Volume II, Issue I Spring 2003



Charlene is a prolific writer, having had not only her poetry previously published, but theater reviews and columns as well (many here in Turbula). She's contributed to everyone from Investor's Business Daily to the La Jolla Village News. She was also a contributor to "Chicken Soup for the Volunteer's Soul."

Painted in Renaissance style,
an apple-cheeked bambino hangs on the wall
opposite the table at Quinze.
Alone in the restaurant,
I realize that in all the detritus of a 60-something life,
there is not one likeness of me swelled by pregnancy.

I must ask my middle-aged children to take on faith
the nature and fact of their birth, that I nurtured them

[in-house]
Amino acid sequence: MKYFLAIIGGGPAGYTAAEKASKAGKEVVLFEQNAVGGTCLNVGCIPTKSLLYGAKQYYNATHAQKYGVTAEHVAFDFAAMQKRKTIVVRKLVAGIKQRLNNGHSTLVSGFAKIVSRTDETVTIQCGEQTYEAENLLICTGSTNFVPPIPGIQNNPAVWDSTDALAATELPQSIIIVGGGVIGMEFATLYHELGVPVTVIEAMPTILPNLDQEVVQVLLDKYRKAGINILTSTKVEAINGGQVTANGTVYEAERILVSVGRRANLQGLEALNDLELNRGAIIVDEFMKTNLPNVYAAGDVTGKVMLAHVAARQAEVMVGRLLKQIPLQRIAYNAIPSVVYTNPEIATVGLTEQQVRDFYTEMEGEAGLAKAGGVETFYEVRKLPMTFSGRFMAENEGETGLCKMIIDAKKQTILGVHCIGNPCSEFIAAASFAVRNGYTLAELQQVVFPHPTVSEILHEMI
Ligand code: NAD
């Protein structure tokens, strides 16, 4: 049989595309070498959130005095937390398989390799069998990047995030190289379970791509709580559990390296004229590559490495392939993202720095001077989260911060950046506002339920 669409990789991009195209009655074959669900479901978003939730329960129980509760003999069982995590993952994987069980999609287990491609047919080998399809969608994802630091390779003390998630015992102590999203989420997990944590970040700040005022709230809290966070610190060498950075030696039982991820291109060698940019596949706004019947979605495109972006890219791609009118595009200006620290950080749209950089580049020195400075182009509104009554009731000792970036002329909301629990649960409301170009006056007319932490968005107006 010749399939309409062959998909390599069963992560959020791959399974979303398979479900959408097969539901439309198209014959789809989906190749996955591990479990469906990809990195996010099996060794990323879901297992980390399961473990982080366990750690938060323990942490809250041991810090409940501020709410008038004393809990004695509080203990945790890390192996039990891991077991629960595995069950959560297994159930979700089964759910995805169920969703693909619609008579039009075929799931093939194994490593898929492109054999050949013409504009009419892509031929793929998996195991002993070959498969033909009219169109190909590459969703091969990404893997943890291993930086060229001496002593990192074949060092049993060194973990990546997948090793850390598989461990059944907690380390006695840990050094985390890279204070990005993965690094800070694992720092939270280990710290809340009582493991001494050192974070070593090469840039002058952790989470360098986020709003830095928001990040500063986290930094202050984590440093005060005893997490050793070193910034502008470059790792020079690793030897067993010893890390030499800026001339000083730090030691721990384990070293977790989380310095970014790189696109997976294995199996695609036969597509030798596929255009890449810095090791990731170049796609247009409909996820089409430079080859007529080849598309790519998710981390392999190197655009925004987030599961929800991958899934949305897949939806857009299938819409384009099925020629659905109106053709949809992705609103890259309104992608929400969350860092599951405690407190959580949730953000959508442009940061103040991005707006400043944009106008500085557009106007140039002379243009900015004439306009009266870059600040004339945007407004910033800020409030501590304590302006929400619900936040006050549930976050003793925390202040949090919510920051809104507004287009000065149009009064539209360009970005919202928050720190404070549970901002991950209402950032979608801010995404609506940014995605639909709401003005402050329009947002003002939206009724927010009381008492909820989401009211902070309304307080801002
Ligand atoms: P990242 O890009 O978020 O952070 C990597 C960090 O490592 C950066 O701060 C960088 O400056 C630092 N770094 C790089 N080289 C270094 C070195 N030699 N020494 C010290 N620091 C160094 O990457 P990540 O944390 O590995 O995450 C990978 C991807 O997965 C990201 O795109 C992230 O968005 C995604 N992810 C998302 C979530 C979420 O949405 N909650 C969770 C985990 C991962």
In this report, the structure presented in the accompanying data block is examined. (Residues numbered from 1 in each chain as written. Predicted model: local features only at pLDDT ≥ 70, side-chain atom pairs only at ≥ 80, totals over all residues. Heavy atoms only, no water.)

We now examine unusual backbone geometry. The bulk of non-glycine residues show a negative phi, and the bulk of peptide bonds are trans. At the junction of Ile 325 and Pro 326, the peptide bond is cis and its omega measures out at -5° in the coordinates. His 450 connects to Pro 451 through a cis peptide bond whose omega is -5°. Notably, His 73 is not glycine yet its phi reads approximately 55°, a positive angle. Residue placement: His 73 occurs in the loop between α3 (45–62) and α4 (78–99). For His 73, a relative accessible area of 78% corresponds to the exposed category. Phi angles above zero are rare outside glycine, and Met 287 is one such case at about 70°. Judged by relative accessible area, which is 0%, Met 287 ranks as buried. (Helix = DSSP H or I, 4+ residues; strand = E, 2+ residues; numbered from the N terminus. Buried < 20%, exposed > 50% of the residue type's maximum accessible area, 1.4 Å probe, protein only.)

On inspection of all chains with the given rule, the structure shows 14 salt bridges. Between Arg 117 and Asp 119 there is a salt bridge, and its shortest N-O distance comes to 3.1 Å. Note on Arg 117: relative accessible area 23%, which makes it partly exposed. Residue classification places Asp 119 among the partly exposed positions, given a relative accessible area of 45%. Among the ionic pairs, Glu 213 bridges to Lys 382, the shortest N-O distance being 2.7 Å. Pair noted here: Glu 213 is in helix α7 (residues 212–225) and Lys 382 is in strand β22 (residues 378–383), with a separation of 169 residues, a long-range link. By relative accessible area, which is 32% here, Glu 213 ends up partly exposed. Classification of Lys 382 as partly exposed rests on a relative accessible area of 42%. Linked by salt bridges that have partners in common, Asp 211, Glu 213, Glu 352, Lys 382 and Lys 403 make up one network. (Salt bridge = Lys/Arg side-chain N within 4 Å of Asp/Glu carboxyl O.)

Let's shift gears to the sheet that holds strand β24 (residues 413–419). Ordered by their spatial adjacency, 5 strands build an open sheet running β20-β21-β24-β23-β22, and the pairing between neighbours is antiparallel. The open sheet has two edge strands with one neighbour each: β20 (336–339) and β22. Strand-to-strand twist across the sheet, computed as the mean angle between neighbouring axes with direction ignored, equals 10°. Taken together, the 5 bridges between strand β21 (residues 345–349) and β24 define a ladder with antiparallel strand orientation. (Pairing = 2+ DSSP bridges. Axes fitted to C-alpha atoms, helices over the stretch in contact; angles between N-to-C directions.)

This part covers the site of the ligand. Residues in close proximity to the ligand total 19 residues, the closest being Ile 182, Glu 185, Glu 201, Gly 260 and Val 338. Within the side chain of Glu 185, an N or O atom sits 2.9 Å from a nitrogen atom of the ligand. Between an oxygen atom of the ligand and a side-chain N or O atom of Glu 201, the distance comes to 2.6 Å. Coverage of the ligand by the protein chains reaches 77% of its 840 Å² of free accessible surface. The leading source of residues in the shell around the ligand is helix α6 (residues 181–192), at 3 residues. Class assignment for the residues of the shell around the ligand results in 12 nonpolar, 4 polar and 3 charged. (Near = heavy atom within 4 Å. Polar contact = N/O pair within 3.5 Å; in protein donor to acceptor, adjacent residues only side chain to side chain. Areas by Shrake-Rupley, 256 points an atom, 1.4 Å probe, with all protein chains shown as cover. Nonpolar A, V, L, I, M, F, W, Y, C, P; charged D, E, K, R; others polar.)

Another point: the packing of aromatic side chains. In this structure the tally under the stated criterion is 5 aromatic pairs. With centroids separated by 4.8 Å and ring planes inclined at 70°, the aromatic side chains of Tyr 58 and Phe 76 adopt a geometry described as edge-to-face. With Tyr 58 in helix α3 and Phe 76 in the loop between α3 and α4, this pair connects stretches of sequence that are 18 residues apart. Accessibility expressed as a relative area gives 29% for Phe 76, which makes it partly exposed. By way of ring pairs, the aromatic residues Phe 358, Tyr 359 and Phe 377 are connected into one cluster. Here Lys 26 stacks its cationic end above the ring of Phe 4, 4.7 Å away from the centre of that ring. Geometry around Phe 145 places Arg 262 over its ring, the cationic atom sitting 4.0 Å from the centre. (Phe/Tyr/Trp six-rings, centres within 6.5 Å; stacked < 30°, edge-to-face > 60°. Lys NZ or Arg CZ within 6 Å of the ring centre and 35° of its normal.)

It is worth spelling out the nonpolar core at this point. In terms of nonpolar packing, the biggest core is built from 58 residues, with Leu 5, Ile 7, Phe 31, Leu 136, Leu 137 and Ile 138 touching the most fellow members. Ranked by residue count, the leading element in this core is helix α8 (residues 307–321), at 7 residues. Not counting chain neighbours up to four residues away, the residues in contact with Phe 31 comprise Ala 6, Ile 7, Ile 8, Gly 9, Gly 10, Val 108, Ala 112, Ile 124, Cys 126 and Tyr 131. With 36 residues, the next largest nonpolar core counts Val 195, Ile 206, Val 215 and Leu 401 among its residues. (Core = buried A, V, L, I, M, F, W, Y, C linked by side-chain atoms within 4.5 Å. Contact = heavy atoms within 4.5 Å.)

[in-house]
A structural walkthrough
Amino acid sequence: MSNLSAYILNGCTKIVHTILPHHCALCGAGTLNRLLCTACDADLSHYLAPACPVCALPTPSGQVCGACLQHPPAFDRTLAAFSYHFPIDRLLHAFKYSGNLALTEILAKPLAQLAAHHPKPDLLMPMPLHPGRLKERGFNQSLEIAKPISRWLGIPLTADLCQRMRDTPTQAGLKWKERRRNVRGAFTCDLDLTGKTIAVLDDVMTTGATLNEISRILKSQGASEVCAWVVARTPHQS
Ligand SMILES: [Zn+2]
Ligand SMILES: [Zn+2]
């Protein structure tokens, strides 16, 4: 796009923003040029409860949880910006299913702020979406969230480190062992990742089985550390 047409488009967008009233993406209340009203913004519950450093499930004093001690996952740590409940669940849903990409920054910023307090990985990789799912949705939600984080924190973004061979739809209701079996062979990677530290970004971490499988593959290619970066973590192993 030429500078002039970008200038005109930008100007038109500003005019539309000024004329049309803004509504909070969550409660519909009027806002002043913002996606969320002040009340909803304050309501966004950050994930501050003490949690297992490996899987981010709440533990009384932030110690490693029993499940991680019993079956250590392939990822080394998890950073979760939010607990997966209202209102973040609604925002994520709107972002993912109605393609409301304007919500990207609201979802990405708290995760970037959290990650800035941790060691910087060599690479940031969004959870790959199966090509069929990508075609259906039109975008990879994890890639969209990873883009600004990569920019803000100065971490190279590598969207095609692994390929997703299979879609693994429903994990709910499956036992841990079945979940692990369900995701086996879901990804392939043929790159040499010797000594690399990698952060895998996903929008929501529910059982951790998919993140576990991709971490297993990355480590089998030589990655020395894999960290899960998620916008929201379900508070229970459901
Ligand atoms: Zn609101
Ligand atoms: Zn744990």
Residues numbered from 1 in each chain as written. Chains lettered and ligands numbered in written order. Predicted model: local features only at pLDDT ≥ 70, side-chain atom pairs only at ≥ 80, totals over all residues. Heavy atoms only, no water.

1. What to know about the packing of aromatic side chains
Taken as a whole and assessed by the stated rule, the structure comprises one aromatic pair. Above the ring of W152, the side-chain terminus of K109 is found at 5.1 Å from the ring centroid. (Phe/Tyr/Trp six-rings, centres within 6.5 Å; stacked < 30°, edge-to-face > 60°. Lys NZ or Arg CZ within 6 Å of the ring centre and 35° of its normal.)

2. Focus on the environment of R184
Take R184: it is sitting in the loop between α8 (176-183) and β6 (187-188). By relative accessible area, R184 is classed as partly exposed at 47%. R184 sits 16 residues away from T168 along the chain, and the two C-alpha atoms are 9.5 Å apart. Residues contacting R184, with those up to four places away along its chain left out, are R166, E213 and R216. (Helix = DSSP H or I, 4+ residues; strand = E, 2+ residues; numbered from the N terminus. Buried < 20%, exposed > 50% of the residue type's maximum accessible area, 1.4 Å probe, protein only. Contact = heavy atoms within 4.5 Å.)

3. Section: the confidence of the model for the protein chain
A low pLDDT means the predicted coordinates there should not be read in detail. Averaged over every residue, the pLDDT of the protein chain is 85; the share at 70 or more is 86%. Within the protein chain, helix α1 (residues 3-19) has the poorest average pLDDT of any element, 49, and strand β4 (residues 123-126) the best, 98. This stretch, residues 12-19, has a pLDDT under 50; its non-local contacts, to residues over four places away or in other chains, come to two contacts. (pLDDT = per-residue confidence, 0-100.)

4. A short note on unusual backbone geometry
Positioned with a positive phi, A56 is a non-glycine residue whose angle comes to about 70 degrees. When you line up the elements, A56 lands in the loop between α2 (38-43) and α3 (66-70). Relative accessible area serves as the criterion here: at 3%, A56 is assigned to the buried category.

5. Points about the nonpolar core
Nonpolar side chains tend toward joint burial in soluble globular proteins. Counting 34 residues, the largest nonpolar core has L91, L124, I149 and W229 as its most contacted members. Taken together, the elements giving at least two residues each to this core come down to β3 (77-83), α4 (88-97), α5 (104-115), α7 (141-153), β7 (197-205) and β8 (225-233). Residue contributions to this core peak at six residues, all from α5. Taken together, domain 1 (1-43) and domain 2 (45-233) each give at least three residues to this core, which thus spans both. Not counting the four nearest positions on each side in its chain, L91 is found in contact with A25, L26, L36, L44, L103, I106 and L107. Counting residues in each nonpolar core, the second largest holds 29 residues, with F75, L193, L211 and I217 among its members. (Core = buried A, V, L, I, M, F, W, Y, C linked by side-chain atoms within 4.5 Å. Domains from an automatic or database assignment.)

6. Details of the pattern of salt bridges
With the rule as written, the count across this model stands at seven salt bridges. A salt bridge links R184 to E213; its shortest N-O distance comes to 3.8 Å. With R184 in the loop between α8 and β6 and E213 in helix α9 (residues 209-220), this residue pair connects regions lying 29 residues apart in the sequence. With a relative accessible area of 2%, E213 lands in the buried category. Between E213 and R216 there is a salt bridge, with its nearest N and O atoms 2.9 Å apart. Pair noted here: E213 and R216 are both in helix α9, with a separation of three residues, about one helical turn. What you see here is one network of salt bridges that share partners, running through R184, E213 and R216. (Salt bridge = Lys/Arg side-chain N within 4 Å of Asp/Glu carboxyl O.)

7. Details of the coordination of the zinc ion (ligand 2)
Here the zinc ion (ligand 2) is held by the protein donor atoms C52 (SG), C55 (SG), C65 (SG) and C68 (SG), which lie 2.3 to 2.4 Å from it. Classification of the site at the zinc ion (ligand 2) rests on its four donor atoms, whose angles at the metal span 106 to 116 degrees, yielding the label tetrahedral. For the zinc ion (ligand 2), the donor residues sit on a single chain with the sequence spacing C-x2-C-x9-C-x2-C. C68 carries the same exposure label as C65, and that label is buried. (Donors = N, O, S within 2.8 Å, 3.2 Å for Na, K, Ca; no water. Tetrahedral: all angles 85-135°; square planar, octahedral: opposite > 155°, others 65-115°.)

through a miraculously wrought placenta
that carried sustenance to voracious bodies.

When the first birds call in Gubbio,
when the light begins to fill the Medieval window,
I become aware once more of the bells
that clang the hours and the quarter hours all night,
creating a salubrious cacophony that lulls us
as we slip away insensate.

My daughter sleeps serenely with her arms crossed over her chest;
Laura, her dark hair as if arranged by unseen hands.
Slipping in and out of sleep, I confuse her with my sister.
Laura lies beside me; Lynn still inhabits me,
a vibrant presence alive in dreams alone.
I want to feast on them forever, and I will,
just as mother yet watches and delights in me.

We are connected in this way.


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